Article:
# 3rd Edition – Time 4 Fractions – Problem #2 – Gardening

My daughter and I went on a 12 week- journey the past two years to explore Fractions. We are doing it again this Fall. I am updating the posts from our previous journeys,  in case you want to join us this year. Click here if you want to know more about the journey.

Hope you had fun with your child exploring Problem 1. Here is Problem #2, a second multiplication problem, before introducing division problems next week. Please remember that the goal of our journey is to provide children with plenty of opportunities to explore fractions through Equal Sharing problems (Empson & Levi, 2011), and solving multiplication and division problems will prepare them to do so (Empson & Levi, 2011, p 9).

Time 4 Fractions –  Problem #2 – Gardening

Level Yellow : Mr. Purple loves gardening. He planted 3 rows of pumpkin seeds. In each row, there were 2 seeds. How many pumpkin seeds did Mr. Purple plant?

Level Orange: Mr. Purple loves gardening. He planted 5 rows of pumpkin seeds. In each row, there were 4 seeds. How many pumpkin seeds did Mr. Purple plant?

Level Red : Mr. Purple loves gardening. He planted ____ rows of pumpkin seeds. In each row, there were ____ pumpkin seeds. How many pumpkin seeds did Mr. Purple plant ?

What to do as a parent ?

As with Problem #1, invite your child to solve one of the problems, and listen to his/her way of solving it. He/she can make sense of the problem while using small objects (such as buttons, marbles, etc, and small containers) or drawing a picture. He/she may write an equation. Each child should pick the problem that he/she feels like exploring. With Level Red, invite the child to pick numbers he/she feels like comfortable using. For instance, if your child picks 5 pumpkin seeds, he/she may end up counting the seeds by 5, or he/she may use from memory the 5s times table (i.e 5 x 12 if he/she picks 12 rows of seeds).

If your child calls out the answer right away, remind him/her that the answer is fine, but how it was obtained is even more important in this journey. How would he/she explain it to a younger child? Could he/she represent the problem with a drawing? a diagram? Using small objects ?

Sharing my experience

I thought it would be helpful this week to provide some work samples I gathered in the past 3 years from Rosie and the daughters of a dear friend of mine.  No teaching was involved, the girls were just invited to solve the problems in a way that made sense to them. It may give you an idea of strategies a child may use. Please remember that I am sharing these samples to help you see what a child may come up with, not as examples of what a child should come up with :-)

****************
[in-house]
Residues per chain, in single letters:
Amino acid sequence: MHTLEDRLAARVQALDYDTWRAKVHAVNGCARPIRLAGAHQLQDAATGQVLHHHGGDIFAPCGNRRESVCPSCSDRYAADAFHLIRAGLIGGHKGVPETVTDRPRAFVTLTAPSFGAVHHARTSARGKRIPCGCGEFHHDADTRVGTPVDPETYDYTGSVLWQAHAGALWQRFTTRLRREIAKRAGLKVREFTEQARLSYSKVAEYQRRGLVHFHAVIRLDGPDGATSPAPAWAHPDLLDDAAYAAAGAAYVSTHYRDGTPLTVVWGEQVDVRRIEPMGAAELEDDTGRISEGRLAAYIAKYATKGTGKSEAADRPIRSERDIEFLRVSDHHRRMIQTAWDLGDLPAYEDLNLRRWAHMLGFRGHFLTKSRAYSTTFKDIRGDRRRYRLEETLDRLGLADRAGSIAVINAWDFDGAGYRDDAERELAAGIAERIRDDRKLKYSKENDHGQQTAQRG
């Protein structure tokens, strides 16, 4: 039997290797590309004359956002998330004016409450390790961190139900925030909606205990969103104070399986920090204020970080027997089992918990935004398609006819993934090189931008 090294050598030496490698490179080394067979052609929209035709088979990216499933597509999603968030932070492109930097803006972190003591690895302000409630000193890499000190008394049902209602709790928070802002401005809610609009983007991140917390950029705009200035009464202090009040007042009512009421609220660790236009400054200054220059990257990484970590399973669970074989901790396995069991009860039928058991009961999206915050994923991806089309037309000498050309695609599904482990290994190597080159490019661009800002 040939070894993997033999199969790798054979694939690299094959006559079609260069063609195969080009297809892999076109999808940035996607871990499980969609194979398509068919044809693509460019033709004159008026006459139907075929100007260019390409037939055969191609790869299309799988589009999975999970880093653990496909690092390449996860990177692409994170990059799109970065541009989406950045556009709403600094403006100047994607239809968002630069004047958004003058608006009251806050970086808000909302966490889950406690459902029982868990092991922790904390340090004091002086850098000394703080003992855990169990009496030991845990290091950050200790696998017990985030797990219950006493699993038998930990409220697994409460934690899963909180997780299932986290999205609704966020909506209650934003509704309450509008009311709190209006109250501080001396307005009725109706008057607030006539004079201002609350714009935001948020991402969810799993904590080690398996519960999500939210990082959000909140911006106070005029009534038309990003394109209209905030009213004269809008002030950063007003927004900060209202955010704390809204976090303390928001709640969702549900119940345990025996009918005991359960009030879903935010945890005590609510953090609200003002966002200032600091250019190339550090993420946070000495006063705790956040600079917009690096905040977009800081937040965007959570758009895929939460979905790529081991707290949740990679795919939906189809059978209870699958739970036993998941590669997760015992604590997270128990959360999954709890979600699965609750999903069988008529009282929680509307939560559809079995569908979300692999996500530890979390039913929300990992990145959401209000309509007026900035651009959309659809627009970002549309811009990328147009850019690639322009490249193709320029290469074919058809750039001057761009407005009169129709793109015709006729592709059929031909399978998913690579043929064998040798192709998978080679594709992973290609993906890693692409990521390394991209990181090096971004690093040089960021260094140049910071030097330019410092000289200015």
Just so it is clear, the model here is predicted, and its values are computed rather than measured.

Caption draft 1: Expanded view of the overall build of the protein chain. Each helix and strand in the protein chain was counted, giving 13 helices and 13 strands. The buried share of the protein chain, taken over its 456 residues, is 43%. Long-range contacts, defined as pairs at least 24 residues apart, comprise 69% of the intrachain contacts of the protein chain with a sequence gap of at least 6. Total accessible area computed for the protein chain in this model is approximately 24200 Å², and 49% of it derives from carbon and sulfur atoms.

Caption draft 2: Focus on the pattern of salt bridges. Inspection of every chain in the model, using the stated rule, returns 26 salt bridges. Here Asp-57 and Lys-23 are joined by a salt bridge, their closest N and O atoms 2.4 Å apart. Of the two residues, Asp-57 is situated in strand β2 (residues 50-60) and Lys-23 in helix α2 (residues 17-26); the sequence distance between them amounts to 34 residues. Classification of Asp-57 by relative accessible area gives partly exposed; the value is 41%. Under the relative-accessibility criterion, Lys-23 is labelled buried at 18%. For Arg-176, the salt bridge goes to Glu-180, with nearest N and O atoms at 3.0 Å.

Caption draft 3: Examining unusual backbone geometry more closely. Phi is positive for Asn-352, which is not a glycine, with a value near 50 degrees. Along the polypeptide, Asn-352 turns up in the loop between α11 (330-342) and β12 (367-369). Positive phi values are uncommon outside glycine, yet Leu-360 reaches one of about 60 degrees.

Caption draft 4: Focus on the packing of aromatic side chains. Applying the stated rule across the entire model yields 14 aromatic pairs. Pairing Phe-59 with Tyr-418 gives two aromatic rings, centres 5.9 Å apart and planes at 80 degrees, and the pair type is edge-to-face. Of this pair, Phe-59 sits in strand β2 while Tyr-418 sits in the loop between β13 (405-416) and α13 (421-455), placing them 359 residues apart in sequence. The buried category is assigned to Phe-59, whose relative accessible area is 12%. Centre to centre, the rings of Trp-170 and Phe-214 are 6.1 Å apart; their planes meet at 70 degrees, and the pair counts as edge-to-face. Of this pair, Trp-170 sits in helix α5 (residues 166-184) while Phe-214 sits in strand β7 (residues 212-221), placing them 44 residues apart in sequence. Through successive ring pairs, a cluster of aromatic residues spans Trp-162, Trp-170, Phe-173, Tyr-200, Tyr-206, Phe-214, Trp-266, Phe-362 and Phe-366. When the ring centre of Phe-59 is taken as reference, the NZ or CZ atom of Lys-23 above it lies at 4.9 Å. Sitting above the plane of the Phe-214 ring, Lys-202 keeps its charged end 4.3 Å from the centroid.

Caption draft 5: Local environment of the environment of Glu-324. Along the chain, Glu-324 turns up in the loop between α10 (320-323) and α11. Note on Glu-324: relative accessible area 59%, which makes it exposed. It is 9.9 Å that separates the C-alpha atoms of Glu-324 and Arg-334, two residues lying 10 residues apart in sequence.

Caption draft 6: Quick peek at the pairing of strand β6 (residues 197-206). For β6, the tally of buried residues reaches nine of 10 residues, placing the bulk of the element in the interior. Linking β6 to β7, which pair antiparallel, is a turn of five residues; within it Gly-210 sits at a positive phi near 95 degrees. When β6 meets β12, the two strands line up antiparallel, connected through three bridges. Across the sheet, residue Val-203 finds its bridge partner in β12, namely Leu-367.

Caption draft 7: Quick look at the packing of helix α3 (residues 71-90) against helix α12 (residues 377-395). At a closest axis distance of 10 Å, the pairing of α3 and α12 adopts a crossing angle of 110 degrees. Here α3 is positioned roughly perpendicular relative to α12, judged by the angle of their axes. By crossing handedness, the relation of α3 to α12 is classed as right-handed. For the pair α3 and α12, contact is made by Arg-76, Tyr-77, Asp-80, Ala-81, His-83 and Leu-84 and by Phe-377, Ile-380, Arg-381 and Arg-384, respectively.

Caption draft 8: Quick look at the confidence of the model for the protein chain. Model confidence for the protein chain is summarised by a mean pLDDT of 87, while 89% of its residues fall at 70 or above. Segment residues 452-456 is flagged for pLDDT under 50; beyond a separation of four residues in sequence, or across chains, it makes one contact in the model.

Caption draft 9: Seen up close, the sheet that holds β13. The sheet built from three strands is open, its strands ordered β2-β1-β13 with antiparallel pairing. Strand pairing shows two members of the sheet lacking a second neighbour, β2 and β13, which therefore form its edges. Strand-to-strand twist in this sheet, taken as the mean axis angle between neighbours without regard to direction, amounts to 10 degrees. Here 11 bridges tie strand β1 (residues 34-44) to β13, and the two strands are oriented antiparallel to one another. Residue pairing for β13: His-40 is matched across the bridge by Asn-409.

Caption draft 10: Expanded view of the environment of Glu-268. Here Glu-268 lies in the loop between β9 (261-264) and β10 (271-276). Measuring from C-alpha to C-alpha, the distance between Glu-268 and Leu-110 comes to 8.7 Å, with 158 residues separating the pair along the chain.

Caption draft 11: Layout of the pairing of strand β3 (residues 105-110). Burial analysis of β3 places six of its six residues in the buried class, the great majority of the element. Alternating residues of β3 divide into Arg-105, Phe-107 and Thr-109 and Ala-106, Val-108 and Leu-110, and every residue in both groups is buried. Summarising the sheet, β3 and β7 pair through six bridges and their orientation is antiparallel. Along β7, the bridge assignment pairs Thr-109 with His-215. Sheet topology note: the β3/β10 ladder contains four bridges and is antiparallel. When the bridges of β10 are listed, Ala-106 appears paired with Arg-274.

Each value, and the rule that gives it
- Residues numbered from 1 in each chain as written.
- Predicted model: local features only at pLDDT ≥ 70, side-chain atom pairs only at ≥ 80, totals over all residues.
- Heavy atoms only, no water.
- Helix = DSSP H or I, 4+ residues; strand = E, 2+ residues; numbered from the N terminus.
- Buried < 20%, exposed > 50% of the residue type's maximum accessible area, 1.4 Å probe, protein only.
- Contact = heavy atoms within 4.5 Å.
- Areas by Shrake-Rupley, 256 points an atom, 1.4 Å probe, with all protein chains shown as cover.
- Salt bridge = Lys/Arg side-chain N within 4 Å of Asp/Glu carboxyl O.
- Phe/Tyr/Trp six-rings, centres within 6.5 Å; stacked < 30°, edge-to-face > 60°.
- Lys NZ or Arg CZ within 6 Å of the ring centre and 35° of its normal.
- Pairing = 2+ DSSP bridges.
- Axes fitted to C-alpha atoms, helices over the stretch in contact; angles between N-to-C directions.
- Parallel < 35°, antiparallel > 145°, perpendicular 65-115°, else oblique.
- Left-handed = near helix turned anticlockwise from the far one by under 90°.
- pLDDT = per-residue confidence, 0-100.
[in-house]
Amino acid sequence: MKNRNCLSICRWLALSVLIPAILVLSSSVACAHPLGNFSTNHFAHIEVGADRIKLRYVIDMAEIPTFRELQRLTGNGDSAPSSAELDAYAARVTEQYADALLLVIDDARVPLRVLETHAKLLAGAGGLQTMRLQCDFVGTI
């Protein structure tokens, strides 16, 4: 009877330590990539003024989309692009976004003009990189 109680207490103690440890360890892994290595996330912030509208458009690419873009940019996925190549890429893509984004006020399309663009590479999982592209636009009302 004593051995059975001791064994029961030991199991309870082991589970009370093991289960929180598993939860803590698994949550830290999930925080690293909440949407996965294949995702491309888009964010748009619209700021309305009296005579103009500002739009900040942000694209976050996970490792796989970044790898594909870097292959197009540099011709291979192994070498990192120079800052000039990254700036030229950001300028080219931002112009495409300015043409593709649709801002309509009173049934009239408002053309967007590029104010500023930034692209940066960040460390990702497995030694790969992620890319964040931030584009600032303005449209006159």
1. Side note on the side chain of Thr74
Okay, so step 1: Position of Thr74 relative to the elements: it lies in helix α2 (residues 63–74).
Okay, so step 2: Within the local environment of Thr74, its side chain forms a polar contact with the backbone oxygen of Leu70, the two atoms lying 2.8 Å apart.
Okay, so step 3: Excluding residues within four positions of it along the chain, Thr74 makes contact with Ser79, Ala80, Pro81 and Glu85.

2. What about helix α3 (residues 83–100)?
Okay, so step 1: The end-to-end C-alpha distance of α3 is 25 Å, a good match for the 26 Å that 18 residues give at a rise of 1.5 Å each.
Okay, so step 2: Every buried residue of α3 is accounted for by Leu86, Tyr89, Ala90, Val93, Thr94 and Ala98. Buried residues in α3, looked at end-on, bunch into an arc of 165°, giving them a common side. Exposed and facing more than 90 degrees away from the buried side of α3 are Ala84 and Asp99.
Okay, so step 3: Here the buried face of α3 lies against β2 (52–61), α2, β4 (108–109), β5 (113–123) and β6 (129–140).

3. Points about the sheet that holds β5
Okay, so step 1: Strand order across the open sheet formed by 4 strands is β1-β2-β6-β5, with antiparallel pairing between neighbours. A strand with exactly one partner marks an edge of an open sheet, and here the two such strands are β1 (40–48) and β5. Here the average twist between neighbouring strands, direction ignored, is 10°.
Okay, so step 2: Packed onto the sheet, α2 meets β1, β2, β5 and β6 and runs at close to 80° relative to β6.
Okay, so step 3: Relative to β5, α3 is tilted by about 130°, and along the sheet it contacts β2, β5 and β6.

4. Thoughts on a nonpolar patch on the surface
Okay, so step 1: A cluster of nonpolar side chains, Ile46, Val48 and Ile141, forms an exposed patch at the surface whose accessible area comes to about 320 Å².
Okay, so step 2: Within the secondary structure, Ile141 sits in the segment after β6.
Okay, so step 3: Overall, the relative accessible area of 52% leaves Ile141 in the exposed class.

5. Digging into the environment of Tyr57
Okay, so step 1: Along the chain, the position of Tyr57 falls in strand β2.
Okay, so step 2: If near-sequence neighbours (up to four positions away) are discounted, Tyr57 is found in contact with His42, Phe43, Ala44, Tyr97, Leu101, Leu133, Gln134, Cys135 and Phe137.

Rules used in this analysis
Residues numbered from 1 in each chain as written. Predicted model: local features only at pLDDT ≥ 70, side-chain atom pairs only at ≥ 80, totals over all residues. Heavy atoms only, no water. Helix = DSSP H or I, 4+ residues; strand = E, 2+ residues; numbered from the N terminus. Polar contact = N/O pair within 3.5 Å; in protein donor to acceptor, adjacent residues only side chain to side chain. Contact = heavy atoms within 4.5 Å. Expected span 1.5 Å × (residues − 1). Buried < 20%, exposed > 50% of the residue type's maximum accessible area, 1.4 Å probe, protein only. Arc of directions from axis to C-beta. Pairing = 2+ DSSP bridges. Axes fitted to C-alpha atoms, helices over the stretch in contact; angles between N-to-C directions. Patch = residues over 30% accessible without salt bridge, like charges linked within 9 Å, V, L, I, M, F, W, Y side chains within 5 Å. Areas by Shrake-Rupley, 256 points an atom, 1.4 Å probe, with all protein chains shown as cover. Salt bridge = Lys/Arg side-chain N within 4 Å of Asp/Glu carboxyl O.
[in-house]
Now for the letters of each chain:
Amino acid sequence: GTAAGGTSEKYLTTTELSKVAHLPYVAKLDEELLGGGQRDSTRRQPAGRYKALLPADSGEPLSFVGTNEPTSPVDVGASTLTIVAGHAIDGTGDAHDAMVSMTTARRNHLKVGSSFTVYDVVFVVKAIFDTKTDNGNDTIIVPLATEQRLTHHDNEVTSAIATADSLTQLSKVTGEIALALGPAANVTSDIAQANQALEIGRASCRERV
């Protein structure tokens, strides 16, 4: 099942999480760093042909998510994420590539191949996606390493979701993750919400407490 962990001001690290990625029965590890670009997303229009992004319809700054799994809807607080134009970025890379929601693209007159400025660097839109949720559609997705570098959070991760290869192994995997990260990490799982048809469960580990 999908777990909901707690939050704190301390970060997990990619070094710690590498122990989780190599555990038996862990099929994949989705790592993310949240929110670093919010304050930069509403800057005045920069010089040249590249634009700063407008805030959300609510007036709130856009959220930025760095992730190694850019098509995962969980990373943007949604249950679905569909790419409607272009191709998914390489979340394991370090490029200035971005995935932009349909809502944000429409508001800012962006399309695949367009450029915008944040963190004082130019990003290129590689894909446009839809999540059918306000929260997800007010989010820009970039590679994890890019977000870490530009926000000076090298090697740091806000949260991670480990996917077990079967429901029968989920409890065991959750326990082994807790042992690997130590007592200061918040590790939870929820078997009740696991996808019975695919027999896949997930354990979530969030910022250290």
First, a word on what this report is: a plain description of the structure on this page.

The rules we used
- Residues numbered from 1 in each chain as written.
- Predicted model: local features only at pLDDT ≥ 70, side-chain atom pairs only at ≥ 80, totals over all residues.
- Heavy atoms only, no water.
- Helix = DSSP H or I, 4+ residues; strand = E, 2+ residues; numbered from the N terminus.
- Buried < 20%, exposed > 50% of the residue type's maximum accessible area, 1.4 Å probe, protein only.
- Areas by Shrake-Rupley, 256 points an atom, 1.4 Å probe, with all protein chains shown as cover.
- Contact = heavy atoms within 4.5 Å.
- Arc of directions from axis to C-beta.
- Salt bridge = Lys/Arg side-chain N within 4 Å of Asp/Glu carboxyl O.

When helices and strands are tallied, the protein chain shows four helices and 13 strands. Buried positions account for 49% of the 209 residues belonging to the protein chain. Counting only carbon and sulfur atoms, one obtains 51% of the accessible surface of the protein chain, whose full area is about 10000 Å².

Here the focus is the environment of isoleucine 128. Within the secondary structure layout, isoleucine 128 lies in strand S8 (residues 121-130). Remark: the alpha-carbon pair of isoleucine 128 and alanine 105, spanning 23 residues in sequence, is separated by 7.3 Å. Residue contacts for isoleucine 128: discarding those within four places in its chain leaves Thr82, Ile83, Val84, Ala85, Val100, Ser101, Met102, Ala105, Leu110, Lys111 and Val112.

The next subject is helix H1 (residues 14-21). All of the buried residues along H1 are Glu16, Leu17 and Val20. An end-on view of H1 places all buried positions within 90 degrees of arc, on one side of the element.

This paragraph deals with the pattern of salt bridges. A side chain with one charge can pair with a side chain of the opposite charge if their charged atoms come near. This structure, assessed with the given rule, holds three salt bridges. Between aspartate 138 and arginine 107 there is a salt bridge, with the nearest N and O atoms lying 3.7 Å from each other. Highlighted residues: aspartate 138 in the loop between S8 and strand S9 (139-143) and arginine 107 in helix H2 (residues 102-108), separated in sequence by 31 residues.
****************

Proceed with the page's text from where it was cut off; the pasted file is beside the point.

Level Yellow : Mr. Purple loves gardening. He planted 3 rows of pumpkin seeds. In each row, there were 2 seeds. How many pumpkin seeds did Mr. Purple plant?

• Making sense of the problem with a picture. The child wrote then both a repeated addition and a multiplication.

Level Orange – “Mr. Purple loves gardening. He planted 5 rows of pumpkin seeds. In each row, there were 4 seeds. How many pumpkin seeds did Mr. Purple plant?”

•  Making sense of the problem with marbles and paper.  The child counted the marbles by 1s’. Your child may count by 4s’ ?
•  Making sense of the problem with a picture representing the rows of pumpkin seeds. The child wrote, as an equation, a repeated addition. Your child may write a multiplication (4 x 5 = 20) instead?
• Making sense of the problem with a different visual representation, an array. The child wrote then both a repeated addition and a multiplication.

Level Red – “Mr. Purple loves gardening. He planted ____ rows of pumpkin seeds. In each row, there were _____  pumpkin seeds”.

• Making sense of the problem with Duplos® (5 rows, 8 seeds). The child counted the blocks by 1 up to 15, and noticed that she was counting by 5. She started over, counting by 5, and answered 40 pumpkin seeds. This sure was fun to watch a child, noticing a pattern of counting, changing her strategy to a more efficient one.

• Making sense of the problem with buttons. (7 rows, 5 seeds). The child also wrote, as an equation, a multiplication 7 x 5 = 35.
• Making sense of the problem  (8 rows, 5 seeds) with a picture representing the rows of pumpkin seeds, drawing the seeds in the first row, and writing the number of seeds instead on the next rows. Always interesting to see how a child may switch from a drawing to a more symbolic representation.

• Making sense of the problem  (2 rows, 4 seeds) with a picture representing the rows of pumpkin seeds, writing, as an equation, an addition.

Also, here are some examples of questions I asked to follow the child’s reasoning:

• Tell me about what you did.
• Could you tell me about the marbles you used ?
• I see you wrote the equation 4 + 4 + 4 + 4 + 4 = 20. Could you show me on your drawing where the 4 comes from? The 20 ? Why did you add 4 five times? What does the symbol “+” mean? And the symbol “=”?
• You said “20”. 20 what? Could you tell me the unit?

No video this week, as the problem is similar to the one explored last week.

Have fun, and see you next week for Problem #3 !

Reference:

Empson, S. E., and Levi, L. (2011). Extending Children’s Mathematics: Fractions and Decimals. Portsmouth, NH : Heinemann. ISBN-13: 978-0325030531.